Home » “Did Jesus rise from the dead”: a debate between Abdu Murray and John Loftus

“Did Jesus rise from the dead”: a debate between Abdu Murray and John Loftus


I recently listened to the debate between Abdu Murray (RZIM) and John Loftus and the topic was the following.  “Was Jesus raised from the dead?”  One may view it here in its entirety, https://youtu.be/66E-OykI9UY

Listening to the two gentlemen discuss the evidence for and against their specific chosen talking points was a lesson in attention to detail.  Mr. Murray went straight to the point and presented the evidence, he thought best suited the topic, while John Loftus by comparison merely repeated what he had already written in his book and only peripherally touched the topic of the resurrection.  Instead, Mr. Loftus entire arsenal of rhetoric was in making generalized statements about the nature of belief and the preconditioning of a person in the west to believe Christianity.  Mr. Loftus did not address the items that Mr. Murray presented such as the changed lives of the known early adversaries of Christ; one his flesh and blood, James and the other the persecutor of the church, Saul of Tarsus.

There were several points in Mr. Loftus presentation that I could not believe what I was hearing.  At one point Loftus said, “…seminaries don’t even teach apologetics.”  I happen to be working on a master’s degree in apologetics at Liberty University and will pursue a Ph.D. in the same field when I complete an MDiv.  Every one of the Southern Baptist Theological Seminaries teaches apologetics as a degree program. Dallas Theological Seminary teaches apologetics, Wheaton College does as well.  I am sure the list is too numerous to name exhaustively but the fact that Mr. Loftus made such a statement makes me question some of his other statements.  That was a general statement made either in ignorance or a complete disregard for the academic research and educational training in these universities.  In either case, it was incorrect at best and irresponsible.  I need to stop here and present Mr. Loftus background and education as he lists it on his blog site.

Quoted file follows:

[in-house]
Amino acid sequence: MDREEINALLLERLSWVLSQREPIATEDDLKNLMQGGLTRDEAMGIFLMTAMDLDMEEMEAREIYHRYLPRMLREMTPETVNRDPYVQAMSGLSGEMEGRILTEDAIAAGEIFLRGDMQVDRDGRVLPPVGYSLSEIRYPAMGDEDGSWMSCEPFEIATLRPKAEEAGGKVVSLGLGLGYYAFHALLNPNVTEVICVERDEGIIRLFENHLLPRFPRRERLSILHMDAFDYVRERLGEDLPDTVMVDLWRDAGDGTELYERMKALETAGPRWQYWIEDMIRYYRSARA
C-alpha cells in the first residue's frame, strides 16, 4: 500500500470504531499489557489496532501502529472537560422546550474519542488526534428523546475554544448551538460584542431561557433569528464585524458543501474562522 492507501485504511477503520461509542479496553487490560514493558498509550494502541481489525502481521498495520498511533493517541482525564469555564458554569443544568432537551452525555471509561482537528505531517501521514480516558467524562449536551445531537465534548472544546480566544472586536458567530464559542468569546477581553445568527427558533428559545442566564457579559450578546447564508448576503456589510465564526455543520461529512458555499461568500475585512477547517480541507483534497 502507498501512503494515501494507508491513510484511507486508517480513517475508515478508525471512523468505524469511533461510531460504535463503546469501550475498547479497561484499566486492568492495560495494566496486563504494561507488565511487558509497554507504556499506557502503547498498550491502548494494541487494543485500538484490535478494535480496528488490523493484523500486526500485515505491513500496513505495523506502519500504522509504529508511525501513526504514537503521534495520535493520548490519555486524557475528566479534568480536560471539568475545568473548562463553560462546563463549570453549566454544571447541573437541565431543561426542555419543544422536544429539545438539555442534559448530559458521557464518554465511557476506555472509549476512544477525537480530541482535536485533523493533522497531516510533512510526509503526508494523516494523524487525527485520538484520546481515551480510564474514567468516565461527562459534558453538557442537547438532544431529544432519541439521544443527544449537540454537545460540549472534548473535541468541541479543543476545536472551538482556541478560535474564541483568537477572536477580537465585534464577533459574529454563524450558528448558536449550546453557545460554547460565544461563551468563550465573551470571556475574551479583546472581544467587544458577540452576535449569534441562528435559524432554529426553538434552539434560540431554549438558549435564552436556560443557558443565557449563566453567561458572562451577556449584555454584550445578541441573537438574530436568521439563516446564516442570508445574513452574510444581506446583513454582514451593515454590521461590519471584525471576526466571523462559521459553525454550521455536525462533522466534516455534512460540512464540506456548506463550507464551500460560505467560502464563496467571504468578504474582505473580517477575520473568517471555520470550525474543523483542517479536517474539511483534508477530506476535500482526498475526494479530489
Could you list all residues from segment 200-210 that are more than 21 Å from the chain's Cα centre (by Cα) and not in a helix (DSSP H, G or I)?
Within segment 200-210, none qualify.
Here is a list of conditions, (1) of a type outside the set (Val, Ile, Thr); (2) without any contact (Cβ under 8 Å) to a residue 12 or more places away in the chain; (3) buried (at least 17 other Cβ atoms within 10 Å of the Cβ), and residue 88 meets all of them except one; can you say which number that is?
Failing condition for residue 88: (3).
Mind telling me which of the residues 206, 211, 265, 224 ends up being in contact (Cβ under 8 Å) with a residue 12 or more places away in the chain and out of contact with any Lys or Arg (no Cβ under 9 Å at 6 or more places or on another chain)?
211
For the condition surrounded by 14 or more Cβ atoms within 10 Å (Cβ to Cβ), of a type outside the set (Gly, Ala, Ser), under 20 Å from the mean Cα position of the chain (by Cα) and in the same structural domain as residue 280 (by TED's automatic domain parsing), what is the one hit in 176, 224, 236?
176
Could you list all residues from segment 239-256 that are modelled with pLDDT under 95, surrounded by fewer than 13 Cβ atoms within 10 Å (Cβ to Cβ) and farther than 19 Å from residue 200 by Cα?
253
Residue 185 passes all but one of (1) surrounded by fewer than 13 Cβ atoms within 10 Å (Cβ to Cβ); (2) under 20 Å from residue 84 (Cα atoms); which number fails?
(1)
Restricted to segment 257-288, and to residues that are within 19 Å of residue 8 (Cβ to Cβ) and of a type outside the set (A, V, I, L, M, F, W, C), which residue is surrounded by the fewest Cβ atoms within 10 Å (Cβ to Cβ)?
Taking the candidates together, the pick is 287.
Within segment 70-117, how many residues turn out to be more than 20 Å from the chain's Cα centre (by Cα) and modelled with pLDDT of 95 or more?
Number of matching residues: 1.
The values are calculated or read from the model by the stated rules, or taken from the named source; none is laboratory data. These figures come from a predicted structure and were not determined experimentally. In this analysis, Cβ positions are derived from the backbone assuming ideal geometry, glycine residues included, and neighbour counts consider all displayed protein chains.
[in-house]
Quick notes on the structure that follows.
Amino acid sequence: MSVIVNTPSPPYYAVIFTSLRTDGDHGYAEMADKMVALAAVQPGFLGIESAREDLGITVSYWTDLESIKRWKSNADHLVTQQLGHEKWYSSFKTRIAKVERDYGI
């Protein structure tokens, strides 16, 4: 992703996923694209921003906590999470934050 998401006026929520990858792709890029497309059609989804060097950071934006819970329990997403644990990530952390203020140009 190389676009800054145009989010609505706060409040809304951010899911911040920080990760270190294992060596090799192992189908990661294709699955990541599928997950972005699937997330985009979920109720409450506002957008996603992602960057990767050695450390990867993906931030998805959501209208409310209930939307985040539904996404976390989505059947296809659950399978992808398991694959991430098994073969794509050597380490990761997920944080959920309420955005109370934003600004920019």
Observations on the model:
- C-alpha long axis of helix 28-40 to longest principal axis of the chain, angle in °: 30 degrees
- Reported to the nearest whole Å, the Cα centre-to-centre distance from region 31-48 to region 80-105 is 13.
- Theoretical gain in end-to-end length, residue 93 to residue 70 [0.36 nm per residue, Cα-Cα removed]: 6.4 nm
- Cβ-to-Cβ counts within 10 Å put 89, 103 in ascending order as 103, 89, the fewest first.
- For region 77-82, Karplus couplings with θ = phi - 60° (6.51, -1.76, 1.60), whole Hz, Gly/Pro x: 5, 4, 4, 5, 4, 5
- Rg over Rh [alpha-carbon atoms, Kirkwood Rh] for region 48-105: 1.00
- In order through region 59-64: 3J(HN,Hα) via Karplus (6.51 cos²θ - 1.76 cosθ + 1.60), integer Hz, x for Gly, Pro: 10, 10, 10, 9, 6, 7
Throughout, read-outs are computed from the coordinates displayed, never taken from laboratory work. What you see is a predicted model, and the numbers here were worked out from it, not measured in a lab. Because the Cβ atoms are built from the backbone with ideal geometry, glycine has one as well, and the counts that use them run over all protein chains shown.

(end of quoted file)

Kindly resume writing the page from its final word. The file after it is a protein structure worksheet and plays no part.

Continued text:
“John is a former Christian minister and apologist with M.A., M.Div., and Th.M. degrees in Philosophy, Theology, and the Philosophy of Religion from Lincoln Christian Seminary and Trinity Evangelical Divinity School. While in school John majored under Dr. William Lane Craig, the infamous leading evangelical apologist/debater of our generation. John also studied in a Ph.D. program at Marquette University for a year and a half in the area of Theology and Ethics.” (Loftus 2012)

Mr. Loftus states that he studied under Dr. Craig yet makes the statement that seminaries do not teach apologetics?